Till now, there have been many claims that driverless cars are coming shortly. People, who love innovation and automation, are overjoyed and waiting with bated breath to read the headline
‘A certain company has launched the first-ever driverless car’
Well, it might not be impossible, but indeed, there has been some haste in the expected timeline.
Automation is not an easy process—never easier when it comes to taking full control of the roads, which are often crowded; have different real-time conditions, and are subjective to new stimuli and variables all the time. However, there have been certain advancements is automating certain processes of a vehicle, including:
- Parking help
- Lane changing
- Deaccelerating if coming too close to a vehicle
- Automation of wiper function when it rains
- And few more similar functions
Yet, there is much to achieve when it comes to steering and also taking total control away from a human driver. The conditions are always dynamic and going beyond the capacity of a human brain, which often fails while driving and makes mistakes causing accidents, is not an easy task—it could take years even before innovators reach a partial automation level, leave aside the question of full automation.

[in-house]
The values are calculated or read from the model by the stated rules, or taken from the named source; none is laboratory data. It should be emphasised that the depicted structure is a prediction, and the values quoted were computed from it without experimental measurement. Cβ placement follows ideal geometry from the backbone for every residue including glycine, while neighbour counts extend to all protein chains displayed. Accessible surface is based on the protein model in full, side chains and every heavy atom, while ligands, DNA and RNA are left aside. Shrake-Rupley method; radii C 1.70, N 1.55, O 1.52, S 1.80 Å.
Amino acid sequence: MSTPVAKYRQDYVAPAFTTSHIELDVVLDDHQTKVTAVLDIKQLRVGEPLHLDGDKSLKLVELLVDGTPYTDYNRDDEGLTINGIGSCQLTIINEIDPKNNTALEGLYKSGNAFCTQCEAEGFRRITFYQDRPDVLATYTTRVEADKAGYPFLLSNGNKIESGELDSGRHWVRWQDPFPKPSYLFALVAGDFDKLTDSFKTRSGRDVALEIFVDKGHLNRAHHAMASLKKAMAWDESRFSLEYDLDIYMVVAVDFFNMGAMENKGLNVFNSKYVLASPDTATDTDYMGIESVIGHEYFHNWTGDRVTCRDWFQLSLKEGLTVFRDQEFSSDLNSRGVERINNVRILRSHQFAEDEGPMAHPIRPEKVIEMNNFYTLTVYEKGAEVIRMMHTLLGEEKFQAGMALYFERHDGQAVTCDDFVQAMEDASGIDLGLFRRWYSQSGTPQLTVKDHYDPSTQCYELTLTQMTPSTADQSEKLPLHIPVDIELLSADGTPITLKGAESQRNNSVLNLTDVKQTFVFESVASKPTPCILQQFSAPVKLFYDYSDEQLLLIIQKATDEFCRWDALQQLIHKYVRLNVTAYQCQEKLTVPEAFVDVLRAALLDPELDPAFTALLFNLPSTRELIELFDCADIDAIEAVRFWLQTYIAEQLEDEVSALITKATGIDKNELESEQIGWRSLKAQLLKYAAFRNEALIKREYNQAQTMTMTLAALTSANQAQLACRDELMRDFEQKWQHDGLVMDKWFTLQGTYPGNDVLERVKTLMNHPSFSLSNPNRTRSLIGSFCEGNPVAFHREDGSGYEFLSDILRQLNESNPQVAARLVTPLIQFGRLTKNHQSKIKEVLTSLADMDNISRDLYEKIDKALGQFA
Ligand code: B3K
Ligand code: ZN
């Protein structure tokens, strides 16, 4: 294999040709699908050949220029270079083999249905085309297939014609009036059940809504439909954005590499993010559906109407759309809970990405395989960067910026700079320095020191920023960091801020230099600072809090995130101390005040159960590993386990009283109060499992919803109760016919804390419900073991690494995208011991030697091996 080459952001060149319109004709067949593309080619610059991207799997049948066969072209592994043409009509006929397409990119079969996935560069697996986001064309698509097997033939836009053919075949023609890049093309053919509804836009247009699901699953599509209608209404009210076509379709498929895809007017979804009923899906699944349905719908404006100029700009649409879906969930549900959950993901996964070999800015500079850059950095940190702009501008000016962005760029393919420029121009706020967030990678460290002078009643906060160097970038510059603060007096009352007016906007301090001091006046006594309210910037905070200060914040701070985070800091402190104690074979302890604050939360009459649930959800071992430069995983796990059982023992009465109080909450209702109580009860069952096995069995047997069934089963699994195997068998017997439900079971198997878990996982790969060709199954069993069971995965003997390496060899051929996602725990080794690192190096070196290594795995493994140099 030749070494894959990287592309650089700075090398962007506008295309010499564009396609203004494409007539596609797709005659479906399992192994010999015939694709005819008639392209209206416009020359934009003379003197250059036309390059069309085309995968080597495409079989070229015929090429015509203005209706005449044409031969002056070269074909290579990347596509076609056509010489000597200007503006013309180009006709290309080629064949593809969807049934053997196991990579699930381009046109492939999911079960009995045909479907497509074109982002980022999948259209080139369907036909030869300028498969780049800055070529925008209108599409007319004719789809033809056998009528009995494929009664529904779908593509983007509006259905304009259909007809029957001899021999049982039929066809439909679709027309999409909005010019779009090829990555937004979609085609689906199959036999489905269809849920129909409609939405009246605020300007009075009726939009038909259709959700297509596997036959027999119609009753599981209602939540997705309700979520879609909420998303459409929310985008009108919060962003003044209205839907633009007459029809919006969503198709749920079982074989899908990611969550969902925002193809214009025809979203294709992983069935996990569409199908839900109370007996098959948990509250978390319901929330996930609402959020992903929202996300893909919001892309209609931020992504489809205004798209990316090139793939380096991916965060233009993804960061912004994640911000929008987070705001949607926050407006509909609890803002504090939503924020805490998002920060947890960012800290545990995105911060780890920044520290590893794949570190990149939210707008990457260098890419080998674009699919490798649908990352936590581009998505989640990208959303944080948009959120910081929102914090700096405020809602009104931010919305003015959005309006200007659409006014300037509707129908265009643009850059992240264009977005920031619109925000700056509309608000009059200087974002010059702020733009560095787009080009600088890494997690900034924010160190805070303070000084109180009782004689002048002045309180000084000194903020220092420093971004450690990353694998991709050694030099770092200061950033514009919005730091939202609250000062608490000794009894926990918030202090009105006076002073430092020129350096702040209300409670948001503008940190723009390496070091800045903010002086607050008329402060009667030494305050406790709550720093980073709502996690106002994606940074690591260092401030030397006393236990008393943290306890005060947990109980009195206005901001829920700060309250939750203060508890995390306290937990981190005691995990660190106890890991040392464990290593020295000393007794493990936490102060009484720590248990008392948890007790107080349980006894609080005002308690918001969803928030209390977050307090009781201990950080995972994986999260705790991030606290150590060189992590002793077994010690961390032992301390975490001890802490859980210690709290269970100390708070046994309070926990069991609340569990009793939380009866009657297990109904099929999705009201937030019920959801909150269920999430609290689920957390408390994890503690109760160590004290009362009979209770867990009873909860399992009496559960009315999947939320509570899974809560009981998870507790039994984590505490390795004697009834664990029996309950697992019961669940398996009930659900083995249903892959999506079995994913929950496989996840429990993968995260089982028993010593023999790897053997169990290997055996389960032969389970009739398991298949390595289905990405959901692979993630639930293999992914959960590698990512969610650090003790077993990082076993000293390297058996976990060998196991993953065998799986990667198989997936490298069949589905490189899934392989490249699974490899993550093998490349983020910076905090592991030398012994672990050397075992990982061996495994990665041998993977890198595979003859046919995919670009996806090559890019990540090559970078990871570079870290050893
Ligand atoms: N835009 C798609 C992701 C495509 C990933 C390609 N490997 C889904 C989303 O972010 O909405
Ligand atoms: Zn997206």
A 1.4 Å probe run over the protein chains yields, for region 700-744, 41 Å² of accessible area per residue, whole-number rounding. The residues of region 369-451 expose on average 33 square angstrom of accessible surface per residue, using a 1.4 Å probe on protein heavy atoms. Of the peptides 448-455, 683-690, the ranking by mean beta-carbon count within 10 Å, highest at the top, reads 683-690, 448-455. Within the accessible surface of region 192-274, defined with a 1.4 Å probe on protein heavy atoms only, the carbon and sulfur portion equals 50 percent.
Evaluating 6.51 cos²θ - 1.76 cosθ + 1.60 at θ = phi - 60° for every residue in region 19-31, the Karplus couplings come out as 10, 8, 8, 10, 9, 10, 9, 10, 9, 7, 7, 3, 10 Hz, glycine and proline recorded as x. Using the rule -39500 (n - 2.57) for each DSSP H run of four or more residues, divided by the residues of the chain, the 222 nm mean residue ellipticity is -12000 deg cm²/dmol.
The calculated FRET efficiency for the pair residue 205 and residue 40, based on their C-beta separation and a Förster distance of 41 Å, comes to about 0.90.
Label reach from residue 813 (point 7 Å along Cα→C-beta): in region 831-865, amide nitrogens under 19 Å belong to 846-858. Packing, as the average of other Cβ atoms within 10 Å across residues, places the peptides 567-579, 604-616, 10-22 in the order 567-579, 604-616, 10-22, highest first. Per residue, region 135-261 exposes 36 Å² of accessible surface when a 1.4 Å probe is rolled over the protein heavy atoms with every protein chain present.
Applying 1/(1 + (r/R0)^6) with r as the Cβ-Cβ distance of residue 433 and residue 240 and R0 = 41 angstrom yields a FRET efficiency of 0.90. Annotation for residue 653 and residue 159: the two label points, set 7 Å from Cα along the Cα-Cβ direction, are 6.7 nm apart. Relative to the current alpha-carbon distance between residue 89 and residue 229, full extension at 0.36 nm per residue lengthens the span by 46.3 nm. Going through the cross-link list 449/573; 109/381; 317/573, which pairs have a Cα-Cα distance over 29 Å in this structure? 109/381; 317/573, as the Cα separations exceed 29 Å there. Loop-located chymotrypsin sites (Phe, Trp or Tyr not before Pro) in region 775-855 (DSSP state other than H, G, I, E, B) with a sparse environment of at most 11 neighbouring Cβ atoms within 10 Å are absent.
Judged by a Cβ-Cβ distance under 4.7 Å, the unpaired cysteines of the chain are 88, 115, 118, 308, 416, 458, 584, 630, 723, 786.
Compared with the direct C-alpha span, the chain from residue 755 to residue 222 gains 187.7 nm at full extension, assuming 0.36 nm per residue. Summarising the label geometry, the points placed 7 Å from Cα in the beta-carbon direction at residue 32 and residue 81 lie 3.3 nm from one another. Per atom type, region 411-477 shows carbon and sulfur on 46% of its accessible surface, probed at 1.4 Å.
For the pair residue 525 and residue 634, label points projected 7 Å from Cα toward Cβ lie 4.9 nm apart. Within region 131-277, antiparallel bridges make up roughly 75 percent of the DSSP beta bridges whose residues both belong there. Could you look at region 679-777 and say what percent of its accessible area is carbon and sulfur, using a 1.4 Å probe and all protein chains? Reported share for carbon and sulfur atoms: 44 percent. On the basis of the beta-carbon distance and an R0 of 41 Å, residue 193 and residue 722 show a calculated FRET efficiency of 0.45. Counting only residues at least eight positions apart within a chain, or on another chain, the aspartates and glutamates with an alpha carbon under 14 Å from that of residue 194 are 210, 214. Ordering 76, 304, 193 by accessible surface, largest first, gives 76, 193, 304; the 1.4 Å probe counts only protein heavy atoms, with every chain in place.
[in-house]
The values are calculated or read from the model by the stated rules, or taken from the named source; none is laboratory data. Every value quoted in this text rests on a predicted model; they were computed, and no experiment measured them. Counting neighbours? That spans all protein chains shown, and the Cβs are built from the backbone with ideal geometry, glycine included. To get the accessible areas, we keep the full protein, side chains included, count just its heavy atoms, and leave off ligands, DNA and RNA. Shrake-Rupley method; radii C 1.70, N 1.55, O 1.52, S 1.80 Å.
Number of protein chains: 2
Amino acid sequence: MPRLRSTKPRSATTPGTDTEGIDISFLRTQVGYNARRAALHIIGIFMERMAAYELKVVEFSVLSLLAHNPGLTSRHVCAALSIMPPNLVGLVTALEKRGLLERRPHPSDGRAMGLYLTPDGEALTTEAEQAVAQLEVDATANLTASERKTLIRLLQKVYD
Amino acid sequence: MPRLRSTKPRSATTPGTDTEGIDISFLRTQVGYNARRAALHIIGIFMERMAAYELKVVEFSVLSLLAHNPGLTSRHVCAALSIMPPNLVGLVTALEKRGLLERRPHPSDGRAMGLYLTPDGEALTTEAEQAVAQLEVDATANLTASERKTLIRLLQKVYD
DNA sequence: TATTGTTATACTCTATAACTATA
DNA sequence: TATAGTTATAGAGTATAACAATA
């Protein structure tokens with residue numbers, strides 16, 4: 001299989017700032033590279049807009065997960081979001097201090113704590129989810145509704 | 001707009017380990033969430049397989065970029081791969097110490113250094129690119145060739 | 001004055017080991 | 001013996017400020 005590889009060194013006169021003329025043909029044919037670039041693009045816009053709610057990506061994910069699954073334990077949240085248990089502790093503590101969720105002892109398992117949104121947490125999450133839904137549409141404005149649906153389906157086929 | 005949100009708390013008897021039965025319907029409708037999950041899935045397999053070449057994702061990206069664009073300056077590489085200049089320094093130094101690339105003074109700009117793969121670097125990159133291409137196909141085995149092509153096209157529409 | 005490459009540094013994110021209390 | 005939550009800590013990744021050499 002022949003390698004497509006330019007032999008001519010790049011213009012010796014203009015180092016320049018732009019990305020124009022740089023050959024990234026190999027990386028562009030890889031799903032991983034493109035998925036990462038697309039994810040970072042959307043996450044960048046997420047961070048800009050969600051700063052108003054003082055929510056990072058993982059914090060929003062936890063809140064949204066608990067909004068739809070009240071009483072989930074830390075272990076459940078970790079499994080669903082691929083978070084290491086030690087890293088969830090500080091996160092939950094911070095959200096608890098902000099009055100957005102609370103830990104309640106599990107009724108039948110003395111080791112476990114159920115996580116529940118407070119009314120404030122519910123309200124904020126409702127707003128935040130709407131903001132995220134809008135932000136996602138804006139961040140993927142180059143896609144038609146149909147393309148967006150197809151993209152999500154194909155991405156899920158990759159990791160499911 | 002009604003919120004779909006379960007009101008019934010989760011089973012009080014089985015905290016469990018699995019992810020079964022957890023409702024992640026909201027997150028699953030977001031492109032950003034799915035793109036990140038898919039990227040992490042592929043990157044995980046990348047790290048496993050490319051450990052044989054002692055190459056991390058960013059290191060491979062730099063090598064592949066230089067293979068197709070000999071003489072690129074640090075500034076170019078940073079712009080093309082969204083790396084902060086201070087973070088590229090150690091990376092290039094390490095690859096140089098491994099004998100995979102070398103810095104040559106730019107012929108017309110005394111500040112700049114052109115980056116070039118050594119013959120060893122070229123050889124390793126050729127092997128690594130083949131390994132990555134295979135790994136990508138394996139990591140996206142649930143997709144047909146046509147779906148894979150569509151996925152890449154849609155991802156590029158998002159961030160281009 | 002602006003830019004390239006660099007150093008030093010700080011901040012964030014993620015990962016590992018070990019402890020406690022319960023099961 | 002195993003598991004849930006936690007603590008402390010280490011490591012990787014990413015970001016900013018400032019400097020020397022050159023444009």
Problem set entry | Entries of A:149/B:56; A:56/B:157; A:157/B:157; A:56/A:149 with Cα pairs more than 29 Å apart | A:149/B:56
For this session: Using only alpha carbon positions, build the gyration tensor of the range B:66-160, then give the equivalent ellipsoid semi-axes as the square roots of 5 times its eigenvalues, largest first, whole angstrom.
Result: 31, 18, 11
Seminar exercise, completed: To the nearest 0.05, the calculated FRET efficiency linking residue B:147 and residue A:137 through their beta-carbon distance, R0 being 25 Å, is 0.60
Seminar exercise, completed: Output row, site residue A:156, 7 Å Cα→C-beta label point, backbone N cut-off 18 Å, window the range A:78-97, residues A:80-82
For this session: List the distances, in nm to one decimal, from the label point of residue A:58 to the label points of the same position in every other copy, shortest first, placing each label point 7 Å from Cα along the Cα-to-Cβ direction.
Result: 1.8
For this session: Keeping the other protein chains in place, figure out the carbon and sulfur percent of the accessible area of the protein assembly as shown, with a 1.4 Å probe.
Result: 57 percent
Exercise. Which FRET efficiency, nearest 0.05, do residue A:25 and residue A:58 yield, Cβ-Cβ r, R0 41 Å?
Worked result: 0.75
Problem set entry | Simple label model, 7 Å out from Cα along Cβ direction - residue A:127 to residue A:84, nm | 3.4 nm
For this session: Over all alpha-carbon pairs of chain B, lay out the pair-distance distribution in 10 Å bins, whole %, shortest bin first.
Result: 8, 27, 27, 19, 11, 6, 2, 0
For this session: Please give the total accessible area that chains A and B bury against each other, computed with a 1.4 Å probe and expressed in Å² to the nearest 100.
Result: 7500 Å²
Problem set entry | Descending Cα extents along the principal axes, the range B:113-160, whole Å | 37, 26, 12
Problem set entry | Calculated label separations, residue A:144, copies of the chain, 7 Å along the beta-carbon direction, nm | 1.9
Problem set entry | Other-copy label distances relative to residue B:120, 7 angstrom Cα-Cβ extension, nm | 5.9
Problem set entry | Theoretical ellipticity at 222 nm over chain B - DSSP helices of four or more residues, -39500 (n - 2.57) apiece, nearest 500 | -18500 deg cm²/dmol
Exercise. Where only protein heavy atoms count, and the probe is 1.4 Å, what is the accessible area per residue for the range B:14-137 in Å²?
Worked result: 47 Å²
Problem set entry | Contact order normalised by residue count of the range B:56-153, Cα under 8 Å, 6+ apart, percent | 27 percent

Further, these automation levels will increase the cost of vehicles and would be limited to top-class editions only because not everyone likes to pay more than he/she could afford.
Another problem is the driving habit or culture of a particular city or country. A big auto market like India will face troubles because the driving habits of users are not as refined as they are in some of the countries, and therefore, the conflict between automated cars and human-driven cars would be problematic.
What we can expect in near future is some specific roads or pathways, just like metros or special trains, where driverless cars could be experimented to run and operate. This could be limited to a particular colony, a community.
Taking driverless cars to common roads is something not possible in the near future—it will take many years of innovation, adaptation, refinement, and infrastructure building to make it a reality.